The strategy is clear: to repeat the lie a thousand times in order to turn it into truth.

    Let us dismantle the lie:

    1. There were presidential elections. They were held on May 20, 2018, that is, before January 10, 2019, when, according to articles 230 and 231 of the Constitution, the presidential term 2013-2019 expires. It would have been a violation of the Constitution if the elections had been held after January 10, 2019, or worse still if they had not been held.

    2. It was the Venezuelan opposition that asked for the elections to be brought forward. They were held in May and not in December, as was traditionally the case, because it was the opposition that requested it, within the framework of the dialogue in the Dominican Republic, that took place in the first trimester of 2018.

    3. In Venezuela, voting is a right, not a duty. Those who freely decided, although influenced by some non-democratic political organizations that called for abstention, not to go to the polls, are in their full right, but in no way does this make the electoral process illegitimate, even less so when that would imply ignoring and disrespecting the 9,389,056 who decided to vote and democratically exercised their right to suffrage.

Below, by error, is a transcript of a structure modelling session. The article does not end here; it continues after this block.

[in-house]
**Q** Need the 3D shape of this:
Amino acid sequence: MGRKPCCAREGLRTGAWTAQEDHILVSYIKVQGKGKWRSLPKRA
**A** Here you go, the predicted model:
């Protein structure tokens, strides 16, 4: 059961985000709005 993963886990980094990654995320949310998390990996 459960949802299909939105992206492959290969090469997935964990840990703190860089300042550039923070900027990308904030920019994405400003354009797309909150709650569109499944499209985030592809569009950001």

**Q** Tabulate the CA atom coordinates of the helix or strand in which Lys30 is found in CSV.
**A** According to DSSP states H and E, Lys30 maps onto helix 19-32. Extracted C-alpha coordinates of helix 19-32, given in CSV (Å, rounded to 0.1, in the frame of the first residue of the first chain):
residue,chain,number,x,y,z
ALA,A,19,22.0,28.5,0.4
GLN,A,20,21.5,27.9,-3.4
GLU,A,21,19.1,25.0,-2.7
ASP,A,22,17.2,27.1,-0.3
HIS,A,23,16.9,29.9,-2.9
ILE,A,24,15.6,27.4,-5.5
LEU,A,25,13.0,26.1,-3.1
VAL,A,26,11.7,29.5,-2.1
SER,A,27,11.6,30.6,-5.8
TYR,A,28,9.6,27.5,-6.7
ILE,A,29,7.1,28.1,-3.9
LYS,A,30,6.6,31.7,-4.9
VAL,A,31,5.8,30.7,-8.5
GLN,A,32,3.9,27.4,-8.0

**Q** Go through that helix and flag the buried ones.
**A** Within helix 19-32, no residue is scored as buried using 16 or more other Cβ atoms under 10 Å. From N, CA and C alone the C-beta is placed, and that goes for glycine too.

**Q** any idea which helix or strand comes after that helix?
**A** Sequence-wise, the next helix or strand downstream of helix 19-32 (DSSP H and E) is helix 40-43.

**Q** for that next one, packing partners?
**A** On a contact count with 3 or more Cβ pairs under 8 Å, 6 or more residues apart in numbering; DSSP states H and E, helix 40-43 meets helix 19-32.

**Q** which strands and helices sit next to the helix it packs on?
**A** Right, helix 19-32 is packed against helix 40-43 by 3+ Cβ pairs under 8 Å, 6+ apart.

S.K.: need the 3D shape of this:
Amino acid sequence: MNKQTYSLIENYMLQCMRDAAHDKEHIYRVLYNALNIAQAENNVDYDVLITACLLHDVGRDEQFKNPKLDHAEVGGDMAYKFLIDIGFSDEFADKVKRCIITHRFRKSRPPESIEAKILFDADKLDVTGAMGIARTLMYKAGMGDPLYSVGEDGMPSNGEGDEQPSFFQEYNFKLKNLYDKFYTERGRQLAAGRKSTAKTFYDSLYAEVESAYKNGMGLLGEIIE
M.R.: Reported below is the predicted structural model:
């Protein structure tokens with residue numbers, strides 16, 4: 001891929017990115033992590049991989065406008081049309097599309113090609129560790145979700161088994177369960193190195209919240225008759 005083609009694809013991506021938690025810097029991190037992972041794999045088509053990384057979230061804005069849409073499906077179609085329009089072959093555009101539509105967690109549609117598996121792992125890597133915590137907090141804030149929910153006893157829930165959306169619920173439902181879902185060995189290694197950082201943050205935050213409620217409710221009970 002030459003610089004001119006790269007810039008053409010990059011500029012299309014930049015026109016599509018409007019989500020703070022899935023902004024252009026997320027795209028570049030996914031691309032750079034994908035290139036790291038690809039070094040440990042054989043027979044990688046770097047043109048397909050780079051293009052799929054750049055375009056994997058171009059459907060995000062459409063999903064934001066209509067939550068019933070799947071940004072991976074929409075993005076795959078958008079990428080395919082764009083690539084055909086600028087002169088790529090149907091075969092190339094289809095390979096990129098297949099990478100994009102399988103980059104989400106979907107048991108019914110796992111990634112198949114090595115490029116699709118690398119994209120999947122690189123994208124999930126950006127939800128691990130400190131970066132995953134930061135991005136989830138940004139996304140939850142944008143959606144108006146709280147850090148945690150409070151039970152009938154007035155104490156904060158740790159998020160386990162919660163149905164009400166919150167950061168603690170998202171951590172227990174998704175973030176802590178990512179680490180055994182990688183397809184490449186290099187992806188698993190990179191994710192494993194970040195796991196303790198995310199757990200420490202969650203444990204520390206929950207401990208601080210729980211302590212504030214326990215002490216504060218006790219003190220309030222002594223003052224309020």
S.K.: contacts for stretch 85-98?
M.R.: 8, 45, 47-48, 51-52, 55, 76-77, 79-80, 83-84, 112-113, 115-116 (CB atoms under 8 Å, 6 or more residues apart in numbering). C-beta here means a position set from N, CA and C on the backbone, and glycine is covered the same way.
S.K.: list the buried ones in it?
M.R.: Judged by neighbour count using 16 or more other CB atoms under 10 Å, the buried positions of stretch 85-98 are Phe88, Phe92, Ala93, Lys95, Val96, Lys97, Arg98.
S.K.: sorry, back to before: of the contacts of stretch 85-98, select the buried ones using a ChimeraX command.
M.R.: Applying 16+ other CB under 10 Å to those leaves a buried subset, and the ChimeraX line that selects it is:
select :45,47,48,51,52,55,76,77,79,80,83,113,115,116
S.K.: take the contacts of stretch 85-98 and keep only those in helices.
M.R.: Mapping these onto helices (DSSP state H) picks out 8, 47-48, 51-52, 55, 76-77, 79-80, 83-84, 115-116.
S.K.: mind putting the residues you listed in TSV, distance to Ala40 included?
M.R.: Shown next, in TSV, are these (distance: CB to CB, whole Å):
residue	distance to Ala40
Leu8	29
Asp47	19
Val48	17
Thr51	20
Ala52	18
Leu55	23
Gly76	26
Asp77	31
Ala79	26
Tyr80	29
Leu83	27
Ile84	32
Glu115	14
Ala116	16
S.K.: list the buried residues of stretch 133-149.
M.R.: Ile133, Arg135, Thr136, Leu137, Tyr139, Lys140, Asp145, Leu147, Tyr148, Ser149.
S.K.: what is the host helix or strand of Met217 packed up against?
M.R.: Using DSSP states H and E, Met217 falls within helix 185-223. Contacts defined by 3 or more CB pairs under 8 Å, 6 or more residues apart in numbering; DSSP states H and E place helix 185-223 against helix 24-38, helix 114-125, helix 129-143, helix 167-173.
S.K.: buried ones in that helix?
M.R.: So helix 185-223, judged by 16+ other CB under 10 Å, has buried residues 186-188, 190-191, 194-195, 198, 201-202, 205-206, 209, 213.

4. Sixteen political parties participated in the electoral contest: PSUV, MSV, Tupamaro, UPV, Podemos, PPT, ORA, MPAC, MEP, PCV, AP, MAS, Copei, Esperanza por el Cambio, UPP89. In Venezuela, it is not mandatory for all political parties to participate in electoral processes. They have the full right to decide whether or not to participate. Precisely because our system is democratic. The fact that three parties (AD, VP and PJ) freely decided not to participate does not make the electoral process illegitimate.

    5. Six candidates contended for the presidency: Nicolás Maduro, Henri Falcón, Javier Bertucci, Reinaldo Quijada, Francisco Visconti Osorio and Luis Alejandro Ratti (the last two decided to withdraw).